I apologize for the outage on the site yesterday and today. Lamar University is in Beaumont Texas and Hurricane Laura came through here and caused a brief power outage at Lamar. Things should be up and running at this point and (hopefully) will stay that way, at least until the next hurricane comes through here which seems to happen about once every 10-15 years. Note that I wouldn't be too suprised if there are brief outages over the next couple of days as they work to get everything back up and running properly. I apologize for the inconvienence.

Paul

August 27, 2020

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### Section 4-8 : Alternating Series Test

The last two tests that we looked at for series convergence have required that all the terms in the series be positive. Of course there are many series out there that have negative terms in them and so we now need to start looking at tests for these kinds of series.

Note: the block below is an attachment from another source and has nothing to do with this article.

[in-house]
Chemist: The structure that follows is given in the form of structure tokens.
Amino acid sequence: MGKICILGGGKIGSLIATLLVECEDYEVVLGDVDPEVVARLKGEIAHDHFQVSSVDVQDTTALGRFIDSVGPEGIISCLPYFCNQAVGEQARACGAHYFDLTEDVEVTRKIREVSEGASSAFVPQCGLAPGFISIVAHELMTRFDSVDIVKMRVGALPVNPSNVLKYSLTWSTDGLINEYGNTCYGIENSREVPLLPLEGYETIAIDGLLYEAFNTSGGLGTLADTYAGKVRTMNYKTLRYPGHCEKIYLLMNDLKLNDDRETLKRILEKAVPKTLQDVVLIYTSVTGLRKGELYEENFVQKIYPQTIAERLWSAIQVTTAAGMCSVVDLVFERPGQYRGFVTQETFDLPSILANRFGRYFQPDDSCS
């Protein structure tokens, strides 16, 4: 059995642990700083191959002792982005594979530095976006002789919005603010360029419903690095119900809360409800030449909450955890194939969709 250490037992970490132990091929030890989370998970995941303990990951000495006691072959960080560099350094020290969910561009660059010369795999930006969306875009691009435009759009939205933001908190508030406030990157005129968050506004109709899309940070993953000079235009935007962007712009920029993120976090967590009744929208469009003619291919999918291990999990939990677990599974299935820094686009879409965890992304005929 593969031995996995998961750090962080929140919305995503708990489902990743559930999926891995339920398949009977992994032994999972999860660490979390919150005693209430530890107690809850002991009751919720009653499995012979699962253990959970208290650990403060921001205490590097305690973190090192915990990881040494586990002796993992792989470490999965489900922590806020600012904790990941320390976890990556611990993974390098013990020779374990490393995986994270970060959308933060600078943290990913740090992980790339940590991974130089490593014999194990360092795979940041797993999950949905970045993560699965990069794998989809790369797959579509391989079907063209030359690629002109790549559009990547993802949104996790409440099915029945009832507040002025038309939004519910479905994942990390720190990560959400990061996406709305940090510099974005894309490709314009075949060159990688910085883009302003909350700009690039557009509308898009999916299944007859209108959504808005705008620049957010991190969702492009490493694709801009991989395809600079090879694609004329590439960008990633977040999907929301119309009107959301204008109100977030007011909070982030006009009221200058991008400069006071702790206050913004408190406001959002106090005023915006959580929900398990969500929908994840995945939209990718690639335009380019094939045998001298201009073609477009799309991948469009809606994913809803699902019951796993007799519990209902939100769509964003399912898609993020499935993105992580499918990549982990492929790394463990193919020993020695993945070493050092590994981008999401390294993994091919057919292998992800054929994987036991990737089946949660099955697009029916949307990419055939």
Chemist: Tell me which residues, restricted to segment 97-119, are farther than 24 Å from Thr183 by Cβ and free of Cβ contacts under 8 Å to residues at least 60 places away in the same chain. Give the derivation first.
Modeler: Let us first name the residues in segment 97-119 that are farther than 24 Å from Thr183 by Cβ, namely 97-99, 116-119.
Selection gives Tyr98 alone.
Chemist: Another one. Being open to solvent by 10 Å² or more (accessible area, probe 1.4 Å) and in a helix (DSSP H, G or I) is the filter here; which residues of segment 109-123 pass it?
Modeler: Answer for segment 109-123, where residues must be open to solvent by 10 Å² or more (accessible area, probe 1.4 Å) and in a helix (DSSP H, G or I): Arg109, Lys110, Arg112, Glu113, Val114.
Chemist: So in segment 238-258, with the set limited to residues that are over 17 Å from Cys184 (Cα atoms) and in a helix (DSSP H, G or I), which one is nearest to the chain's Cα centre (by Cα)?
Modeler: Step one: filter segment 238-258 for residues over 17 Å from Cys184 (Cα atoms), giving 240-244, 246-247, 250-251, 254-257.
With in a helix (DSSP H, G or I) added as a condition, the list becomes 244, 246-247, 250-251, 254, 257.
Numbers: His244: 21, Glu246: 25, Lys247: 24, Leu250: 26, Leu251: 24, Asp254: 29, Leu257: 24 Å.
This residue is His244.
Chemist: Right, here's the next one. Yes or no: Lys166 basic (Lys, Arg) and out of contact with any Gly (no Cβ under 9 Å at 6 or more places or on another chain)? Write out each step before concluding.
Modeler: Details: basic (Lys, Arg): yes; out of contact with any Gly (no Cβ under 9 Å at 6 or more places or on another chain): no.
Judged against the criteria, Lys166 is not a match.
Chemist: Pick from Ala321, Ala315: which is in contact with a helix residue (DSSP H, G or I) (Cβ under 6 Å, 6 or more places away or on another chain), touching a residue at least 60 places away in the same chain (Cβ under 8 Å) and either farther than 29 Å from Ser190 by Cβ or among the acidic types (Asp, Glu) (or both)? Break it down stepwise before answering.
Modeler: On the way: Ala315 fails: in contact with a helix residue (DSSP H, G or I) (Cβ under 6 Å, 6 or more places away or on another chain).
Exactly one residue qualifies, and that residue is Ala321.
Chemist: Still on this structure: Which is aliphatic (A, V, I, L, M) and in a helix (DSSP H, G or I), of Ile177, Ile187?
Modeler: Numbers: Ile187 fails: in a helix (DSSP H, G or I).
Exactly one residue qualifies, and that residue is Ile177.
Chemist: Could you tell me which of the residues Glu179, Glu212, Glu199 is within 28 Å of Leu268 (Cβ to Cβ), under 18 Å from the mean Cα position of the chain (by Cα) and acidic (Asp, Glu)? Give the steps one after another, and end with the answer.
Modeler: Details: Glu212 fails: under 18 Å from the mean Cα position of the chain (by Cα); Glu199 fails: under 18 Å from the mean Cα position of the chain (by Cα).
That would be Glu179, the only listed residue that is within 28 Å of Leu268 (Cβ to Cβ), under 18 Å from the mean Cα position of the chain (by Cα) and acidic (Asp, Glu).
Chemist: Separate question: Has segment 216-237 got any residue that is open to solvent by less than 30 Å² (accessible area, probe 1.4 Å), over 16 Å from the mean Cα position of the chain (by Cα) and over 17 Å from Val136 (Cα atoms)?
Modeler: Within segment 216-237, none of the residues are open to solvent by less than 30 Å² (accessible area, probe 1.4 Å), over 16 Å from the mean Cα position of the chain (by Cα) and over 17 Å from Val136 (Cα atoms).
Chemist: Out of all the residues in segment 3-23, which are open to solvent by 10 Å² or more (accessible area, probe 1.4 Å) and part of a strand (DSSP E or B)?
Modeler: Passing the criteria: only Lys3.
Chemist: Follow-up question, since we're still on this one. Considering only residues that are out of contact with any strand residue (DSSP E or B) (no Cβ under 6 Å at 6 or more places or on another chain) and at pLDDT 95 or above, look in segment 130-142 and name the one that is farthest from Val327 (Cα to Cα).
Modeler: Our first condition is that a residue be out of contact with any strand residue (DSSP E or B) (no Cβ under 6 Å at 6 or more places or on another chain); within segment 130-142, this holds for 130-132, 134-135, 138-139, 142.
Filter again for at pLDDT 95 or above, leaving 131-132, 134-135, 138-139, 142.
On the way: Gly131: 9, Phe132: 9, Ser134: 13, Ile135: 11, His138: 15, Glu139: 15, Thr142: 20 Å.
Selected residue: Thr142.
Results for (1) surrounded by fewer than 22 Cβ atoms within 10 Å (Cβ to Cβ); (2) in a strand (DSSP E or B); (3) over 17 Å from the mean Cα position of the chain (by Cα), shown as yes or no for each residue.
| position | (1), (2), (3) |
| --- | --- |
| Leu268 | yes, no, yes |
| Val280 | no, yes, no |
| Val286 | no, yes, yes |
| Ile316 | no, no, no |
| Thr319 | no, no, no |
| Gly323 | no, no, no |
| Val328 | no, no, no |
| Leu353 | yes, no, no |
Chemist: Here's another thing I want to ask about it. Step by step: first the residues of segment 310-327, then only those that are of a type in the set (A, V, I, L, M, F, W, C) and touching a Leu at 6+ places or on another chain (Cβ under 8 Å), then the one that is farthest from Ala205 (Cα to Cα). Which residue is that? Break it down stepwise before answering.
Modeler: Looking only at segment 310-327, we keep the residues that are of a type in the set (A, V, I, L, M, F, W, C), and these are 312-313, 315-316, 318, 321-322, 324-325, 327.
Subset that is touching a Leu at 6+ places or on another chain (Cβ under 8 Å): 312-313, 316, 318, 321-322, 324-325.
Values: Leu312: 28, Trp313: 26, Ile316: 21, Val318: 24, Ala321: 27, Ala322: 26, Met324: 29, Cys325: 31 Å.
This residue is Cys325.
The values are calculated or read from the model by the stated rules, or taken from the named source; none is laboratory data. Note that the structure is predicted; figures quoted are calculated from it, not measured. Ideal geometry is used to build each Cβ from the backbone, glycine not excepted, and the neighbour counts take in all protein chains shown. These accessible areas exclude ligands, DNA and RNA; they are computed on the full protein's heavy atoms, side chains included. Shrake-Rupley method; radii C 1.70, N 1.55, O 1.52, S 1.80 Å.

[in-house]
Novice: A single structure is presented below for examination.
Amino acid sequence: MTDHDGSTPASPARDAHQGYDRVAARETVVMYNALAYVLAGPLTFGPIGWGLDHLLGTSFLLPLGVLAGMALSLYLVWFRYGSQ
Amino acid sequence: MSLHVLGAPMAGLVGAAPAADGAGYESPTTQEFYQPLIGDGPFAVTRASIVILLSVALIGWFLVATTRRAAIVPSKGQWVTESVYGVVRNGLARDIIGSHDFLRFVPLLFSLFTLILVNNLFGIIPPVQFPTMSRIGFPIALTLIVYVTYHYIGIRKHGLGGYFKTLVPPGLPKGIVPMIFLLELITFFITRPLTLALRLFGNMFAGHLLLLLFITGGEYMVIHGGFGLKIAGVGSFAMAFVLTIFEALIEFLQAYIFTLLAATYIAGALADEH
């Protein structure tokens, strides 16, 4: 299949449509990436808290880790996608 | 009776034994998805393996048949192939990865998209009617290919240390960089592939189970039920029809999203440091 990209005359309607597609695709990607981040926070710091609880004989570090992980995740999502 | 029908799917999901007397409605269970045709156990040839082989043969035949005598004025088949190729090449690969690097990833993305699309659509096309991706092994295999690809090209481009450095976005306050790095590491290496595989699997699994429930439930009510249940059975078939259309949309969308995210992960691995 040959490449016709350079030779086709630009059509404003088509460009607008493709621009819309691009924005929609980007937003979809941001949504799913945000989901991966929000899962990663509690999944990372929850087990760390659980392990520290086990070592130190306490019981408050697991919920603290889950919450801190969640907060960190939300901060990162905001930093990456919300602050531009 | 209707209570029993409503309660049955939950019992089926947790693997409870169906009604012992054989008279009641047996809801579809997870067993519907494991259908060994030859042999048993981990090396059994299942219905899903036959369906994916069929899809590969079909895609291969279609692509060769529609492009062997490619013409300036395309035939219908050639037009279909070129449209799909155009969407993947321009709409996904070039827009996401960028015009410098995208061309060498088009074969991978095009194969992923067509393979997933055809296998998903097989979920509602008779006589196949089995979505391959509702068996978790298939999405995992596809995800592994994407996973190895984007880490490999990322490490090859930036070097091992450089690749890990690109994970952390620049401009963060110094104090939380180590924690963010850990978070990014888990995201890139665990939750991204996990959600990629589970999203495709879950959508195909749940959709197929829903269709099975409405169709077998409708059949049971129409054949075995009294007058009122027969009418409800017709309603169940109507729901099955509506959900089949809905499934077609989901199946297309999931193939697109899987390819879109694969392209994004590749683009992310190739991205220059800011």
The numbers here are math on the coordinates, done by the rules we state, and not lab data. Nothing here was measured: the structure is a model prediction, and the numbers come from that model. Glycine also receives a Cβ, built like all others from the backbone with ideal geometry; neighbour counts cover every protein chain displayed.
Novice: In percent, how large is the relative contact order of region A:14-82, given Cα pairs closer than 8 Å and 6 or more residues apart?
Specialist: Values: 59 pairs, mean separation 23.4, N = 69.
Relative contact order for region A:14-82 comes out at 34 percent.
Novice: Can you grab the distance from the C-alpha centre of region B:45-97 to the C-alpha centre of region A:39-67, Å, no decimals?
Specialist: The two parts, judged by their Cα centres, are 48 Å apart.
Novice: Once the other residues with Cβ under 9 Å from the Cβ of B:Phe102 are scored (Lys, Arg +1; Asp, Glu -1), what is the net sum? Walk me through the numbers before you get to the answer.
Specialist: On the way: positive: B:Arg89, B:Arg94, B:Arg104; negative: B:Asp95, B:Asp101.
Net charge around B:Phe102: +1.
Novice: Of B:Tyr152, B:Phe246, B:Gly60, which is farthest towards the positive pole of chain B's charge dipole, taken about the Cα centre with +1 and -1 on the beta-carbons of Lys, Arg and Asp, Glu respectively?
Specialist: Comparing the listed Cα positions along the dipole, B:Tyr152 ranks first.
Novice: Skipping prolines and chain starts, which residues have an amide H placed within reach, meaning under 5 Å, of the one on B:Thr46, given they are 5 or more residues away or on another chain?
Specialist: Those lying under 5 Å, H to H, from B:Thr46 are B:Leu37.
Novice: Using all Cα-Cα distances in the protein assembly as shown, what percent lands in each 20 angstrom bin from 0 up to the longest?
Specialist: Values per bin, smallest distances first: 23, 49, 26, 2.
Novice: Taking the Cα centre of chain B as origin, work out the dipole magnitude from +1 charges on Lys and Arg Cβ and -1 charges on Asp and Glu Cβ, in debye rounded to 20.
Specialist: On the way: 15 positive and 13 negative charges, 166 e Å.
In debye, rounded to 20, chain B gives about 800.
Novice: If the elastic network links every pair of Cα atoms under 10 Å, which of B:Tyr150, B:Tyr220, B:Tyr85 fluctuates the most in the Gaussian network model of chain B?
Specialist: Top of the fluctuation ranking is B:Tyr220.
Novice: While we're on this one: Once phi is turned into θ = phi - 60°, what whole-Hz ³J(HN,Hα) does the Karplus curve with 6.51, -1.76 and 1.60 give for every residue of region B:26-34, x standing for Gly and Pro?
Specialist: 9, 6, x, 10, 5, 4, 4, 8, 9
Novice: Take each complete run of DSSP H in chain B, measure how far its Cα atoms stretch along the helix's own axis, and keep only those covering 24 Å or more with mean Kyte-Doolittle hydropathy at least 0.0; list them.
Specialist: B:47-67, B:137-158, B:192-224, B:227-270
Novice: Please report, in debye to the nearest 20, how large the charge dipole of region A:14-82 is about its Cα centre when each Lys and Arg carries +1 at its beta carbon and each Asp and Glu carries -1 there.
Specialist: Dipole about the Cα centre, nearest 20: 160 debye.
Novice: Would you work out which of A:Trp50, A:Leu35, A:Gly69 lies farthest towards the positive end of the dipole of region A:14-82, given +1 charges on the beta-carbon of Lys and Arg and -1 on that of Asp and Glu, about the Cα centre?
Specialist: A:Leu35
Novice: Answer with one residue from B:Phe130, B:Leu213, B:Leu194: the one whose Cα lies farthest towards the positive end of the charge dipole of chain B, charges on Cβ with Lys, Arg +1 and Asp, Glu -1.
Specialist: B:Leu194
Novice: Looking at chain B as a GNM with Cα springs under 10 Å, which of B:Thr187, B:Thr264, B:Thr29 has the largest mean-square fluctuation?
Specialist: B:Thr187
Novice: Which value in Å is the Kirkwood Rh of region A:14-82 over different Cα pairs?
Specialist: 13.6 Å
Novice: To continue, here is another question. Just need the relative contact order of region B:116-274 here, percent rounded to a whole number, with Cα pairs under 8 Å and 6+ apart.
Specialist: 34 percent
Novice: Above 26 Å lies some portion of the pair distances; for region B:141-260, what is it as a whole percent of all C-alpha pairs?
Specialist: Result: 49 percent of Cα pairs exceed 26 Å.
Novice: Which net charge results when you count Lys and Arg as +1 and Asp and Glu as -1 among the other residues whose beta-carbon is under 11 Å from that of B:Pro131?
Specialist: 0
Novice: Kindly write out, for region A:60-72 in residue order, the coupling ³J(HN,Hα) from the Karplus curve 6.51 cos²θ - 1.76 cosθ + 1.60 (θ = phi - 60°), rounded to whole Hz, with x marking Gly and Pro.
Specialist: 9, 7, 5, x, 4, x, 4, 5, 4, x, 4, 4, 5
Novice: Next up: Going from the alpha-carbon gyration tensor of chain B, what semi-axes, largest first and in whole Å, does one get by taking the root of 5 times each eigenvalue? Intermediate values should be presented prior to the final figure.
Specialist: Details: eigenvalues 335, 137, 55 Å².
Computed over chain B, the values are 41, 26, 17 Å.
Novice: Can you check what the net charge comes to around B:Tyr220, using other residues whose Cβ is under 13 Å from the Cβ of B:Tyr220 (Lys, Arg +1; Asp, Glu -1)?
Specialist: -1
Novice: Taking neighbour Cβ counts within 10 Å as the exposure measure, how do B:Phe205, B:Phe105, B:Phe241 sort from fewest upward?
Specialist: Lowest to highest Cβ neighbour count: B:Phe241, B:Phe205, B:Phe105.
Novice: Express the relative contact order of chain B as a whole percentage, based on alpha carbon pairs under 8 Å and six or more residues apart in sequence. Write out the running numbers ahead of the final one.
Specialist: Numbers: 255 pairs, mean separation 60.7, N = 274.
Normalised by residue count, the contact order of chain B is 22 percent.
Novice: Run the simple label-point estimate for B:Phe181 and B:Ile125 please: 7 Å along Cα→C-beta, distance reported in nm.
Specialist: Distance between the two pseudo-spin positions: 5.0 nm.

The test that we are going to look into in this section will be a test for alternating series. An **alternating series** is any series, \(\sum {{a_n}} \), for which the series terms can be written in one of the following two forms.

There are many other ways to deal with the alternating sign, but they can all be written as one of the two forms above. For instance,

\[\begin{align*}{\left( { - 1} \right)^{n + 2}} & = {\left( { - 1} \right)^n}{\left( { - 1} \right)^2} = {\left( { - 1} \right)^n}\\ {\left( { - 1} \right)^{n - 1}} & = {\left( { - 1} \right)^{n + 1}}{\left( { - 1} \right)^{ - 2}} = {\left( { - 1} \right)^{n + 1}}\end{align*}\]There are of course many others, but they all follow the same basic pattern of reducing to one of the first two forms given. If you should happen to run into a different form than the first two, don’t worry about converting it to one of those forms, just be aware that it can be and so the test from this section can be used.

#### Alternating Series Test

Suppose that we have a series \(\sum {{a_n}} \) and either \({a_n} = {\left( { - 1} \right)^n}{b_n}\) or \({a_n} = {\left( { - 1} \right)^{n + 1}}{b_n}\) where \({b_n} \ge 0\) for all \(n\). Then if,

- \(\mathop {\lim }\limits_{n \to \infty } {b_n} = 0\) and,
- \(\left\{ {{b_n}} \right\}\) is a decreasing sequence

the series \(\sum {{a_n}} \) is convergent.

A proof of this test is at the end of the section.